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Last Updated: Wednesday, 26 March 2008, 12:00 GMT
Fresh clashes break out in Basra
Militants take position in Basra on Wednesday
It is unclear who currently has the upper hand in Basra

Fresh fighting has erupted in the southern Iraqi city of Basra and elsewhere, as Iraqi security forces battle Shia militants for a second day.

So far more than 40 people have died and some 225 have been injured over the two days of clashes in Basra.

Fighting is also continuing in Baghdad, and there have been casualties after rockets were fired at the Green Zone.

Prime Minister Nouri Maliki has given militants 72 hours to lay down their arms or face "severe penalties".

His campaign to "re-impose law" in the city triggered unrest elsewhere in Iraq, and many towns are under curfew.

Unrest in Basra has been stoked by a variety of militias and criminal gangs.

But the government's unspoken intent is to stop it falling under the sway of the Mehdi Army, led by the radical young cleric Moqtada Sadr, BBC Middle East analyst Roger Hardy says.

Clashes continue

After an overnight lull, the fighting resumed in Basra on Wednesday.

The AFP news agency quoted witnesses in Basra as saying the fighting was concentrated on the districts of Gazaiza, Garma, Khmasamene, Hayania and Maqal.

Third largest city, population 2.6 million approx
Located on the Shatt al-Arab waterway leading to the Gulf - making it a centre for commerce and oil exports
Region around city has substantial oil resources
4,000 UK troops based at international airport

Medical officials say 46 people have been killed in the fighting, along with 225 hurt. A Basra city council member said there were few civilian casualties as they were staying inside their houses.

A large number of gunmen have been detained, say officials.

Reports suggest that the fighting is not on the same scale on Tuesday but, where there was no fighting, Basra's streets remained deserted even after the night curfew ended at 0600 (0300 GMT).

British forces, which patrolled Basra for nearly five years, withdrew to a base outside the city in December and have not been involved in the fighting.

In Baghdad, rockets were fired at the Green Zone, the diplomatic and government compound.

Five Iraqi civilians were killed by stray rockets, while inside the heavily fortified zone three Americans were seriously injured.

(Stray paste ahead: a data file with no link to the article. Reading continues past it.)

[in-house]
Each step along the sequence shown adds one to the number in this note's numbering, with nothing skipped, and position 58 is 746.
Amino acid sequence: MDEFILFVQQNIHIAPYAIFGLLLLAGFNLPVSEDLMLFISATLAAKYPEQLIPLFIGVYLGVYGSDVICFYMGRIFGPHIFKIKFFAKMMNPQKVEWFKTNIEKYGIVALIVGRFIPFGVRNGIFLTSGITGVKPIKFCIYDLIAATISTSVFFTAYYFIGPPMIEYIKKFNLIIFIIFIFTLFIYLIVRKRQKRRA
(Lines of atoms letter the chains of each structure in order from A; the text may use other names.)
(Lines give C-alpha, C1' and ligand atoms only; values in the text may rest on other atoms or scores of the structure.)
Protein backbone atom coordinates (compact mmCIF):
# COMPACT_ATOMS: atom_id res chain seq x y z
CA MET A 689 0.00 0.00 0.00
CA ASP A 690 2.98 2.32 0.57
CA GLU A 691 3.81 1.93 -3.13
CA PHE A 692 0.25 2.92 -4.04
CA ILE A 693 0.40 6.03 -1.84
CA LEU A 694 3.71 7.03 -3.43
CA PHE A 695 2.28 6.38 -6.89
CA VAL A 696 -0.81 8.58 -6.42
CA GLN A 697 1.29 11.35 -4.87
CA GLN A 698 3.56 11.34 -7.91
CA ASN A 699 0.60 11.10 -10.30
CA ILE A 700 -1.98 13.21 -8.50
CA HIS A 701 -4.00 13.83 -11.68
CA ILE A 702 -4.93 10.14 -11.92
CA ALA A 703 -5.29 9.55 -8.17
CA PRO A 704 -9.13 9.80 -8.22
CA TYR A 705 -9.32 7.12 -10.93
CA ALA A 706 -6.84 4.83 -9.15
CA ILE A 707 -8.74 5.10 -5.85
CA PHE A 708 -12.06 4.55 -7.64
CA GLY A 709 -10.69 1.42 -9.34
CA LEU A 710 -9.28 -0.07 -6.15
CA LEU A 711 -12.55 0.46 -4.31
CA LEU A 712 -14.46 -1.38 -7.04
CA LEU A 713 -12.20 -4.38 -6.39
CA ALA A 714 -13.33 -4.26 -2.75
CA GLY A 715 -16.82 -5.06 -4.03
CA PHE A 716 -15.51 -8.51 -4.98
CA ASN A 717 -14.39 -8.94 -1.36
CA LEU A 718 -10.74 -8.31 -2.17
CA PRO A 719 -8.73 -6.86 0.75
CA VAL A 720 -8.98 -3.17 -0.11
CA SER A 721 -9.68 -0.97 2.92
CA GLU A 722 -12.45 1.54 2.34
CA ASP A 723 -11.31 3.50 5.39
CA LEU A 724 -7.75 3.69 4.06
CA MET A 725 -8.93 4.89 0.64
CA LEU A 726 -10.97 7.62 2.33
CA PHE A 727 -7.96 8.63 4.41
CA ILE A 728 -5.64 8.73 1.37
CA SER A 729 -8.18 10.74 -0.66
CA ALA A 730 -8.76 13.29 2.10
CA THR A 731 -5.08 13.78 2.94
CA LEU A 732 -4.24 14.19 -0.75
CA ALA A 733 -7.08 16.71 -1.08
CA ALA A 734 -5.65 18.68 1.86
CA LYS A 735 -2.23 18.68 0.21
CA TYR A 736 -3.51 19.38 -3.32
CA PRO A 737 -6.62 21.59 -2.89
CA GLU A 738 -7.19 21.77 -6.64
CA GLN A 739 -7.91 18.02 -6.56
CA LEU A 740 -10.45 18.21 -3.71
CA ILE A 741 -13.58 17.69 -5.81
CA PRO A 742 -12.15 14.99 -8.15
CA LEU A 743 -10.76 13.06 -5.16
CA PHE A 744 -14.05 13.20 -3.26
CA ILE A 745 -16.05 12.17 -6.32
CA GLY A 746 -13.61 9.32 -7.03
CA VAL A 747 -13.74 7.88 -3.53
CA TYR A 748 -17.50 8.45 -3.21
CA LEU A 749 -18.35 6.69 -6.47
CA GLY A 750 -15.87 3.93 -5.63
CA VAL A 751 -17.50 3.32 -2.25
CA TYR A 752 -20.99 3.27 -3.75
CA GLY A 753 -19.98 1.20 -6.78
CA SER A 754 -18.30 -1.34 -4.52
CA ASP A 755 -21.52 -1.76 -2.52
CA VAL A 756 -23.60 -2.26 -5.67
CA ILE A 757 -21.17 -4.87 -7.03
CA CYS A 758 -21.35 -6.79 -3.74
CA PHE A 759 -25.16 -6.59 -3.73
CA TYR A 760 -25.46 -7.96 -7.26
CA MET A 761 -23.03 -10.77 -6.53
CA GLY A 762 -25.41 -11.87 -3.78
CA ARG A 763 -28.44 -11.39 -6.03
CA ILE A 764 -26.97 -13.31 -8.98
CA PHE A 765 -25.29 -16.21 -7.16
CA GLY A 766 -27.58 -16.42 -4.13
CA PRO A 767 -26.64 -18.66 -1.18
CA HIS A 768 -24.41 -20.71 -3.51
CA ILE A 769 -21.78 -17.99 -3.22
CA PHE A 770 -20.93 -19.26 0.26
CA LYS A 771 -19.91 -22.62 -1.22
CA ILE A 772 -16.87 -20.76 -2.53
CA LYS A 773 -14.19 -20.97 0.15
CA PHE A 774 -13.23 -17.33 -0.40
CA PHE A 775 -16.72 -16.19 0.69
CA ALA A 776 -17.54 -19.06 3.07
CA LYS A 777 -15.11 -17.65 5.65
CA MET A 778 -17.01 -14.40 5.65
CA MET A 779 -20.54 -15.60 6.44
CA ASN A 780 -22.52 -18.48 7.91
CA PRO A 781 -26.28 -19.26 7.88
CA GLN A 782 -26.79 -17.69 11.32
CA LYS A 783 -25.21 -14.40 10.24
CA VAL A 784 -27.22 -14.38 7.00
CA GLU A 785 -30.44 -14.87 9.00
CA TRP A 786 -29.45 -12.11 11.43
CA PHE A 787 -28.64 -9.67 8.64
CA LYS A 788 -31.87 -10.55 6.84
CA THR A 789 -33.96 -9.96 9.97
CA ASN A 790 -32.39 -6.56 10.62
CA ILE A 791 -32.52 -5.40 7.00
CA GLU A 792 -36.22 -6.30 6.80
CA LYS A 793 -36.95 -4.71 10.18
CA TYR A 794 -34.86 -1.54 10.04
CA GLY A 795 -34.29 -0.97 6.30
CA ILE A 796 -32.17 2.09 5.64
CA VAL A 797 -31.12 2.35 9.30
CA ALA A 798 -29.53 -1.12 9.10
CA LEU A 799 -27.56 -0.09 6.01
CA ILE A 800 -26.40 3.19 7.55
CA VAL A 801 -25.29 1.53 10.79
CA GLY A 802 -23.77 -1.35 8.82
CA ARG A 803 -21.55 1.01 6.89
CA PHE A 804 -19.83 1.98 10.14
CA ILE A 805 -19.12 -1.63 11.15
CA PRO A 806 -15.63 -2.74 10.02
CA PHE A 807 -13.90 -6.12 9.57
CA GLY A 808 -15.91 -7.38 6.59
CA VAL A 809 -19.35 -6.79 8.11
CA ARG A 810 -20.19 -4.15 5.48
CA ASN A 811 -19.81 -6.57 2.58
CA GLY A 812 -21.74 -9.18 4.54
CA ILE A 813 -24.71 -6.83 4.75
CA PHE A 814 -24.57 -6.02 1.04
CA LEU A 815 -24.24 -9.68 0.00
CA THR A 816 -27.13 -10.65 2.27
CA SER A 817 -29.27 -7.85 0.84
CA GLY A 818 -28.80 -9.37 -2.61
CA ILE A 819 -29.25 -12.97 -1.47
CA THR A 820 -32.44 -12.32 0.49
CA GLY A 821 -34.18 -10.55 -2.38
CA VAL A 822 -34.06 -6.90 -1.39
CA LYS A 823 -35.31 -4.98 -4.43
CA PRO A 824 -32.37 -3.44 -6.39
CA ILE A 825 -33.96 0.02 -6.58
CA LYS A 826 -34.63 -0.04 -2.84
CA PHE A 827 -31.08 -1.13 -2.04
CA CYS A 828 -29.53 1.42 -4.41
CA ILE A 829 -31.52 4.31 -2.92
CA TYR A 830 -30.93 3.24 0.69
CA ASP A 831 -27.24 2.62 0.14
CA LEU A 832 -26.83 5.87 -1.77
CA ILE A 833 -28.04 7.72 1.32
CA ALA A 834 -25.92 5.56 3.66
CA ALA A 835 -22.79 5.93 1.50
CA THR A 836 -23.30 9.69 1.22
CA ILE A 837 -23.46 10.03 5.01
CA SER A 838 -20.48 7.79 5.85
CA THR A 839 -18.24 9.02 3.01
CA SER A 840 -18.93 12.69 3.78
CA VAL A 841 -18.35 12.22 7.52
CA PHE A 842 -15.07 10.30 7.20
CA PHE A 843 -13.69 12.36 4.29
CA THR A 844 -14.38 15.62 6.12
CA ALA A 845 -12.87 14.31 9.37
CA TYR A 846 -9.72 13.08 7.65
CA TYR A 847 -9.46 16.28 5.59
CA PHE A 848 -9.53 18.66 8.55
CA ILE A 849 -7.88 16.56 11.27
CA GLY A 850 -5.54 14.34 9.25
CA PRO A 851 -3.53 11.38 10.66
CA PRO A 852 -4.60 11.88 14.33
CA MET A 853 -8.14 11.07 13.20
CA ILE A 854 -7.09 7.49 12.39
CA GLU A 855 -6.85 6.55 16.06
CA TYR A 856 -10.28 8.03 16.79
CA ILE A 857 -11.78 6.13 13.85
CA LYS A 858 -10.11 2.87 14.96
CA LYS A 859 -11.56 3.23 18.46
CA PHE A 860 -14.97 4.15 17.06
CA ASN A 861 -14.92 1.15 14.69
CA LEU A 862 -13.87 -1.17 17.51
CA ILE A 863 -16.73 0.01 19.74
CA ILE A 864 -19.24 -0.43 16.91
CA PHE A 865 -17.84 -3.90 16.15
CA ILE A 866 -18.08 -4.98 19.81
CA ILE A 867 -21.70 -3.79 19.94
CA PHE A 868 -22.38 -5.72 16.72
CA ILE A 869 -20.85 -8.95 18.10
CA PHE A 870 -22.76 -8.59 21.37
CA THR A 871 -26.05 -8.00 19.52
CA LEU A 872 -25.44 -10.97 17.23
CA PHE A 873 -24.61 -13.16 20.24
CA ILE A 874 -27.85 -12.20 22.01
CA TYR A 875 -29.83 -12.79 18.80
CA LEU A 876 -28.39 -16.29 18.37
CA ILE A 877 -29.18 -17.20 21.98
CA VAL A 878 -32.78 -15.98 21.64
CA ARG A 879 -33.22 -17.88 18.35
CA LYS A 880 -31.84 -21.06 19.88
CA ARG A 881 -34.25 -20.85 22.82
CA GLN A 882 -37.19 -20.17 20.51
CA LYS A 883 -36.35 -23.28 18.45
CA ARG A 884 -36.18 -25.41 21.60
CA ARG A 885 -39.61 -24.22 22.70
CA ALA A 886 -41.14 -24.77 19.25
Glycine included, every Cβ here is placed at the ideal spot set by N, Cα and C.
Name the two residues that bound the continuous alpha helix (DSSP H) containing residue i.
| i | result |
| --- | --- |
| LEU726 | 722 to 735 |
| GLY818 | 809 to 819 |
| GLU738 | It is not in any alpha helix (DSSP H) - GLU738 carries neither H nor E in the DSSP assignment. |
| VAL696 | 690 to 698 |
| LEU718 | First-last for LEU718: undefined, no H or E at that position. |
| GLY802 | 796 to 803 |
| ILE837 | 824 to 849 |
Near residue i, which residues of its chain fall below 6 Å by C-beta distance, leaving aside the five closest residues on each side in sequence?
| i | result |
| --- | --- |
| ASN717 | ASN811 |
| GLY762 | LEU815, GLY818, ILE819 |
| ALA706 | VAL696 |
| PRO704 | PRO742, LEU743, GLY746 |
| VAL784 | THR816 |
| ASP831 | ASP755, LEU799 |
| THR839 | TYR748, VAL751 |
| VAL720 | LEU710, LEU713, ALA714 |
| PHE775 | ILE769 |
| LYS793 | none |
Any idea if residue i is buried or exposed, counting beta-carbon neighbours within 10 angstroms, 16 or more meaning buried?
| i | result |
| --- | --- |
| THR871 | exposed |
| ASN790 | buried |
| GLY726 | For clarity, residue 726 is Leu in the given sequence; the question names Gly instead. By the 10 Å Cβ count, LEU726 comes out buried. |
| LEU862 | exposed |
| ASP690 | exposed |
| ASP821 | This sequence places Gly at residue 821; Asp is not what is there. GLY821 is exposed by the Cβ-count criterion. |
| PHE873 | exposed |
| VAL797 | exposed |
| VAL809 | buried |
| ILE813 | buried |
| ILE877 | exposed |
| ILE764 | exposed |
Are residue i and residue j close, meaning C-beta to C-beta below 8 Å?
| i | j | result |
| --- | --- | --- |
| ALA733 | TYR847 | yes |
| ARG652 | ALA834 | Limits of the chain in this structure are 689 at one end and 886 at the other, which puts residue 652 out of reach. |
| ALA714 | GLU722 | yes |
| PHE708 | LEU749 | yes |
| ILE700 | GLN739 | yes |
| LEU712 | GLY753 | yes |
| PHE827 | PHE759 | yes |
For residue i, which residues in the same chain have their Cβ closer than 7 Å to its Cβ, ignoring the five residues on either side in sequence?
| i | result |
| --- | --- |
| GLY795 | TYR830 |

In Sadr City, a vast Shia suburb in the capital, there were overnight clashes between Mehdi Army fighters and American and Iraqi soldiers.


Twenty people died in the violence and at least 115 people have been injured, according to police.

Here and in other Shia areas of Iraq, many shops and offices are shuttered, indicating Moqtada Sadr's call for a campaign of civil disobedience is being followed.

One report also suggests hundreds of people are demonstrating in Sadr City.

More clashes also broke out in Kut, south-east of Baghdad, where two people were reported dead on Wednesday.

In a separate incident, US forces battling suspected al-Qaeda insurgents in the northern town of Tikrit say they injured or killed "several Iraqi civilians" in an airstrike.

Iraqi sources say at least five are dead, including a judge.


In a statement, Mr Maliki gave militants a 72-hour deadline to lay down their arms and sign a pledge renouncing violence.

Shop owner inspects his premises in Sadr City on Wednesday
In Sadr City, shop owners inspected damage done overnight

"Otherwise, they will face the most severe penalties," he said in the statement which was broadcast by state television.

The Basra operation is being personally led by Mr Maliki, a fact hailed by Washington as "brave".

Sadrists are convinced the operation is an attempt to weaken them ahead of provincial elections due in October, but Mr Maliki has embarked on a risky strategy, says the BBC's Roger Hardy.

For one thing, it is far from clear that it will succeed.

The Sadrist movement enjoys widespread support, especially among the young and the poor, and is well entrenched in Basra and many other predominantly Shia towns and cities in the south.

For another, if the ceasefire which the Sadrists have largely followed since last year were to collapse, that would seriously undermine claims by the government - and by the Bush administration in Washington - that Iraq was moving from civil war to political reconciliation, our correspondent says.

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